Why Traditional Tribe Names Are Important

Thinking about Native representation reminds me of tribal names – both having them changed and having them used by others. Many tribes in the U.S. were randomly given new names by the U.S. government, the Spaniards, the French, and sometimes other tribes. Why? Simply because they found it more convenient to use a different frame of reference.

Look at this Indigenous map and ask: Whose land are you on? You’ll only see traditional tribal names, which are not taught in school and thus unrecognizable to most Americans today. This does little to support Native representation, especially since more tribes are returning to their traditional names. One example of a traditional name in use is Kewa Pueblo rather than Santo Domingo.

What’s more, many of the traditional tribal names simply mean “the people” or refer to where they live. But that is not the case for the names randomly assigned to tribes by others or the meaning given to such nicknames. This chart shows some examples of nicknames related to tribes in our service area.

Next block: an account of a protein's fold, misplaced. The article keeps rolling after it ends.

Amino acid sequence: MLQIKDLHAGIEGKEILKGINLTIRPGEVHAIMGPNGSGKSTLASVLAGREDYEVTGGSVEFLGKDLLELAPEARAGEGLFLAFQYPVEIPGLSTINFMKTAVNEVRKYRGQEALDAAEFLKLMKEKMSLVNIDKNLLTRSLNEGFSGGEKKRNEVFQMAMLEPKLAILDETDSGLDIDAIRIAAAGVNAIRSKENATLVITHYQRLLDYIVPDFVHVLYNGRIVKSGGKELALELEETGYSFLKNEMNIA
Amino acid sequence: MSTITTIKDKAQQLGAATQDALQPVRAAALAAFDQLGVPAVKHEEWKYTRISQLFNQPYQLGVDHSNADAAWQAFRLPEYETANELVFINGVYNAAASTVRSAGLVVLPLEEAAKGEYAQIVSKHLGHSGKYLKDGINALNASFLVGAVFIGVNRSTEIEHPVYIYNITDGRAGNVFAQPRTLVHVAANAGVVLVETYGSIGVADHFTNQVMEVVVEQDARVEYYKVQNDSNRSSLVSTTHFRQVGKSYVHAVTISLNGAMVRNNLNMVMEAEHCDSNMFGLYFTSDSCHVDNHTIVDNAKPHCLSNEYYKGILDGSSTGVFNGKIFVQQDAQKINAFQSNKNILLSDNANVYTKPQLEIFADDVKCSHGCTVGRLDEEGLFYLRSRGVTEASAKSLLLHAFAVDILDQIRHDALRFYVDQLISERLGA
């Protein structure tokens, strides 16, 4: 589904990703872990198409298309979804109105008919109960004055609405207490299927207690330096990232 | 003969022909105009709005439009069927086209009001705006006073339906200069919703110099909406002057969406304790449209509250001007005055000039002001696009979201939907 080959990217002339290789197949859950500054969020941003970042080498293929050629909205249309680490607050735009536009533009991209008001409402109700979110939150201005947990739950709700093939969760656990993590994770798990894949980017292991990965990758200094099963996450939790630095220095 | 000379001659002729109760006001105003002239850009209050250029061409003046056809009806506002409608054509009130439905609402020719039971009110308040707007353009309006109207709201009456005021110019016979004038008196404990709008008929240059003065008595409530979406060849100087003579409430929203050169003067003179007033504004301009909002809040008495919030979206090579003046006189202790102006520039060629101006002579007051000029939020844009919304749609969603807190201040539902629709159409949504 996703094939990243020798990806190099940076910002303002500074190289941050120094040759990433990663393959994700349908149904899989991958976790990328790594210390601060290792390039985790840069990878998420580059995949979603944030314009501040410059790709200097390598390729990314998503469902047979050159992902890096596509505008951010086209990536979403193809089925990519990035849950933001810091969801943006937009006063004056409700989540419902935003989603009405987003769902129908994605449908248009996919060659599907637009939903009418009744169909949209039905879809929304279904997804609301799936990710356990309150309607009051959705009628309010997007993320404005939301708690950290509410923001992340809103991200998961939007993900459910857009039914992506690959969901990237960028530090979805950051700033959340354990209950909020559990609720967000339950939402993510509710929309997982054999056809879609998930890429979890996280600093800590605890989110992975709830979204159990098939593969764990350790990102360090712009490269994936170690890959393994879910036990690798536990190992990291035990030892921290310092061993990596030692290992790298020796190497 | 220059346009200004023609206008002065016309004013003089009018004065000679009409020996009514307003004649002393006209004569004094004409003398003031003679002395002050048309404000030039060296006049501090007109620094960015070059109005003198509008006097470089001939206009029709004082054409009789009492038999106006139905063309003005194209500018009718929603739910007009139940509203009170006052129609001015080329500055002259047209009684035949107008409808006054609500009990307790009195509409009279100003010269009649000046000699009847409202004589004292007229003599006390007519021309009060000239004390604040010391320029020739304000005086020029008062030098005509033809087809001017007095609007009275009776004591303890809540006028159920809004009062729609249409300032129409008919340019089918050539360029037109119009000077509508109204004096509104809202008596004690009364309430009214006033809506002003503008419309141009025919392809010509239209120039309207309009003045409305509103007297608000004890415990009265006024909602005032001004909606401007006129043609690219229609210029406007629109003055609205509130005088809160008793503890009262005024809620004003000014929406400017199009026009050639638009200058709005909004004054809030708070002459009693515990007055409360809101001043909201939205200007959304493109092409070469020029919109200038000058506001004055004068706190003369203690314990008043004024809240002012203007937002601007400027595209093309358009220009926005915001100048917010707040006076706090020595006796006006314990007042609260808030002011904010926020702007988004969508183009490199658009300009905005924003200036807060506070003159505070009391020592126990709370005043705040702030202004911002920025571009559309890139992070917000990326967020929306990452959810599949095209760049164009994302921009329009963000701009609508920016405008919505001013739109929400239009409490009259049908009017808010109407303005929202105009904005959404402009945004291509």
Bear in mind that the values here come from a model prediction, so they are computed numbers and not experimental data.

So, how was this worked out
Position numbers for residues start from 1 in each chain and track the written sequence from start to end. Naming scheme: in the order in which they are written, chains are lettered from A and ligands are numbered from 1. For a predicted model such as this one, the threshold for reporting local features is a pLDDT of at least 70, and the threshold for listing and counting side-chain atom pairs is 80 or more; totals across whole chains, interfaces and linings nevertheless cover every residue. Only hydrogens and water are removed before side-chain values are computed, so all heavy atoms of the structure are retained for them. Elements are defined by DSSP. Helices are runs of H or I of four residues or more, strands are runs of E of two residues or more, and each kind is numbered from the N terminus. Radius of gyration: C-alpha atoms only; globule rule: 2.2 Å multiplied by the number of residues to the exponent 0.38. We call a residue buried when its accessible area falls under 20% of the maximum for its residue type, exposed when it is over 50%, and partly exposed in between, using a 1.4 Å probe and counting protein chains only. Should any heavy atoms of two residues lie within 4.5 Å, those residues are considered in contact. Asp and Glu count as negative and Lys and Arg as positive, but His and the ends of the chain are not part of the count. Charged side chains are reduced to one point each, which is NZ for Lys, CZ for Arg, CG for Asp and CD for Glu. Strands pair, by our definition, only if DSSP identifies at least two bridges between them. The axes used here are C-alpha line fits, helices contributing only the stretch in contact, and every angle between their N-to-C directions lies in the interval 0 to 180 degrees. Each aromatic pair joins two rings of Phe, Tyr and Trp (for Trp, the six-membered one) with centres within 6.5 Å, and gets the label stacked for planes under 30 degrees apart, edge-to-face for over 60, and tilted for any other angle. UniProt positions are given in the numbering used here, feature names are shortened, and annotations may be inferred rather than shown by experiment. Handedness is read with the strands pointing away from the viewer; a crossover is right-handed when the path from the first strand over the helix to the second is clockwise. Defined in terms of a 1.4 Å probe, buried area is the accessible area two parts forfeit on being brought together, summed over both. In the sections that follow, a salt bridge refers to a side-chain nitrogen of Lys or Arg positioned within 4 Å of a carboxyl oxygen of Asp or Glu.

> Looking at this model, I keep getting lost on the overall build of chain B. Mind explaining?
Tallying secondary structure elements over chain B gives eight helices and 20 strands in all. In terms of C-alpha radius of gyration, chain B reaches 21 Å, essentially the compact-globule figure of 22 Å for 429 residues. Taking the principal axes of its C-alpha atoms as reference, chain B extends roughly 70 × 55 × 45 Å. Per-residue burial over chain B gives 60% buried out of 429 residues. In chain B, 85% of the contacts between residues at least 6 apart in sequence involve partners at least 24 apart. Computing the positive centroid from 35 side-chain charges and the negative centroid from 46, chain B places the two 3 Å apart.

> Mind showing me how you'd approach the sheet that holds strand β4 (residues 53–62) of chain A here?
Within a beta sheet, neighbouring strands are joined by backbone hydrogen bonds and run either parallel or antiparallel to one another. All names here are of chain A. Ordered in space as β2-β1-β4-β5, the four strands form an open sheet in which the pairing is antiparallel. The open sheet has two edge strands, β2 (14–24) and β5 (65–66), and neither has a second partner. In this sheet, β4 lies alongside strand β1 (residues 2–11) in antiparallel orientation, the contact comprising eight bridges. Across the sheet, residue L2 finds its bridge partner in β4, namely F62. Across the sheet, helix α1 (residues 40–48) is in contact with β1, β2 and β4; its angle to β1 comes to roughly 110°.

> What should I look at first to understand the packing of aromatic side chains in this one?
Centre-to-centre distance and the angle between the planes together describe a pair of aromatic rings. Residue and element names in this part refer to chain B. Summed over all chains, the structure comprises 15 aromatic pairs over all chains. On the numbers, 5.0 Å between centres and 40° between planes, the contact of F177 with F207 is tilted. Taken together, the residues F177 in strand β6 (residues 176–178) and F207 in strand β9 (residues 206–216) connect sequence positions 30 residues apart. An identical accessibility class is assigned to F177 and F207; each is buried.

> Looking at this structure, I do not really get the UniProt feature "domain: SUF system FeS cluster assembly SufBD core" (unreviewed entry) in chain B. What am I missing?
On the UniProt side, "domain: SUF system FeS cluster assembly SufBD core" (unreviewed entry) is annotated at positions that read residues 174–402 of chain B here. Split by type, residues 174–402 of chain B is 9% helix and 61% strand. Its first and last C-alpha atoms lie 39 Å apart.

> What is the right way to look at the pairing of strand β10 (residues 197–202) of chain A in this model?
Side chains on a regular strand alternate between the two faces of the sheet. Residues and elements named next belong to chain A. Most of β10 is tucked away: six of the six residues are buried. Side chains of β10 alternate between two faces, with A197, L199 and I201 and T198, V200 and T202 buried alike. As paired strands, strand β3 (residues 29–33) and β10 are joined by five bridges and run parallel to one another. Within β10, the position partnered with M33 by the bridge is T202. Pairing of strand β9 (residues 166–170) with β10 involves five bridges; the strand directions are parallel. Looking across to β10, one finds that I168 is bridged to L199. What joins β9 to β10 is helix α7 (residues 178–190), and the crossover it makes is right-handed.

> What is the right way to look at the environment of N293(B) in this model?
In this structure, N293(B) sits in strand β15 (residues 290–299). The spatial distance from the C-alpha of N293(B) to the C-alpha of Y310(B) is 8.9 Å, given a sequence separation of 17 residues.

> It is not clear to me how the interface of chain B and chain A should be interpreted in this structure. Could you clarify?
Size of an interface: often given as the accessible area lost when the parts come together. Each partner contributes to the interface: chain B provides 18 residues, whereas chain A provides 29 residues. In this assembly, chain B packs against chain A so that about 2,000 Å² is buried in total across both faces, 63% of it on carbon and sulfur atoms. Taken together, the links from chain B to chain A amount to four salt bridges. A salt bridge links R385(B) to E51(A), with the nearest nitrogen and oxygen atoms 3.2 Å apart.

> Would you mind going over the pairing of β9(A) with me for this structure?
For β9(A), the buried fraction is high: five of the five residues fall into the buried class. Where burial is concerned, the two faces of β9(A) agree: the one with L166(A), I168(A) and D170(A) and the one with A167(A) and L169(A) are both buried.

Tribe names as military code names

It seems Native names are also a convenient source of code names for military operations. For example, the code name Geronimo may have referred to Osama bin Laden or the military operation surrounding his capture. But why link an American legend and freedom fighter to a most wanted terrorist? The Senate Indian Affairs Committee seems to agree that it’s disrespectful. They said: “These inappropriate uses of Native American icons and cultures are prevalent throughout our society, and the impacts to Native and non-Native children are devastating.”

Some Army helicopters named after tribes include the Lakota, Chinook, and Iroquois, to name a few. This practice began in 1947 when Army General Hamilton Howze wanted to name the first two Army helicopters after something fast, strong, and related to American history. So, he thought of the Native warriors of the 19th century… This is flattering in a way, yet not so much in other ways. And then there are sports team names – a whole other story.

The point is that what can only be called ‘nicknames’ reflect how other people remembered the tribes or thought of them during the colonization era. Yet traditional Native names have sacred and ancestral meanings and deserve to be known and respected. Traditional names link tribes to nature or humankind, and like the Lakota, remind us “mitakuye oyasin” (we are all related).

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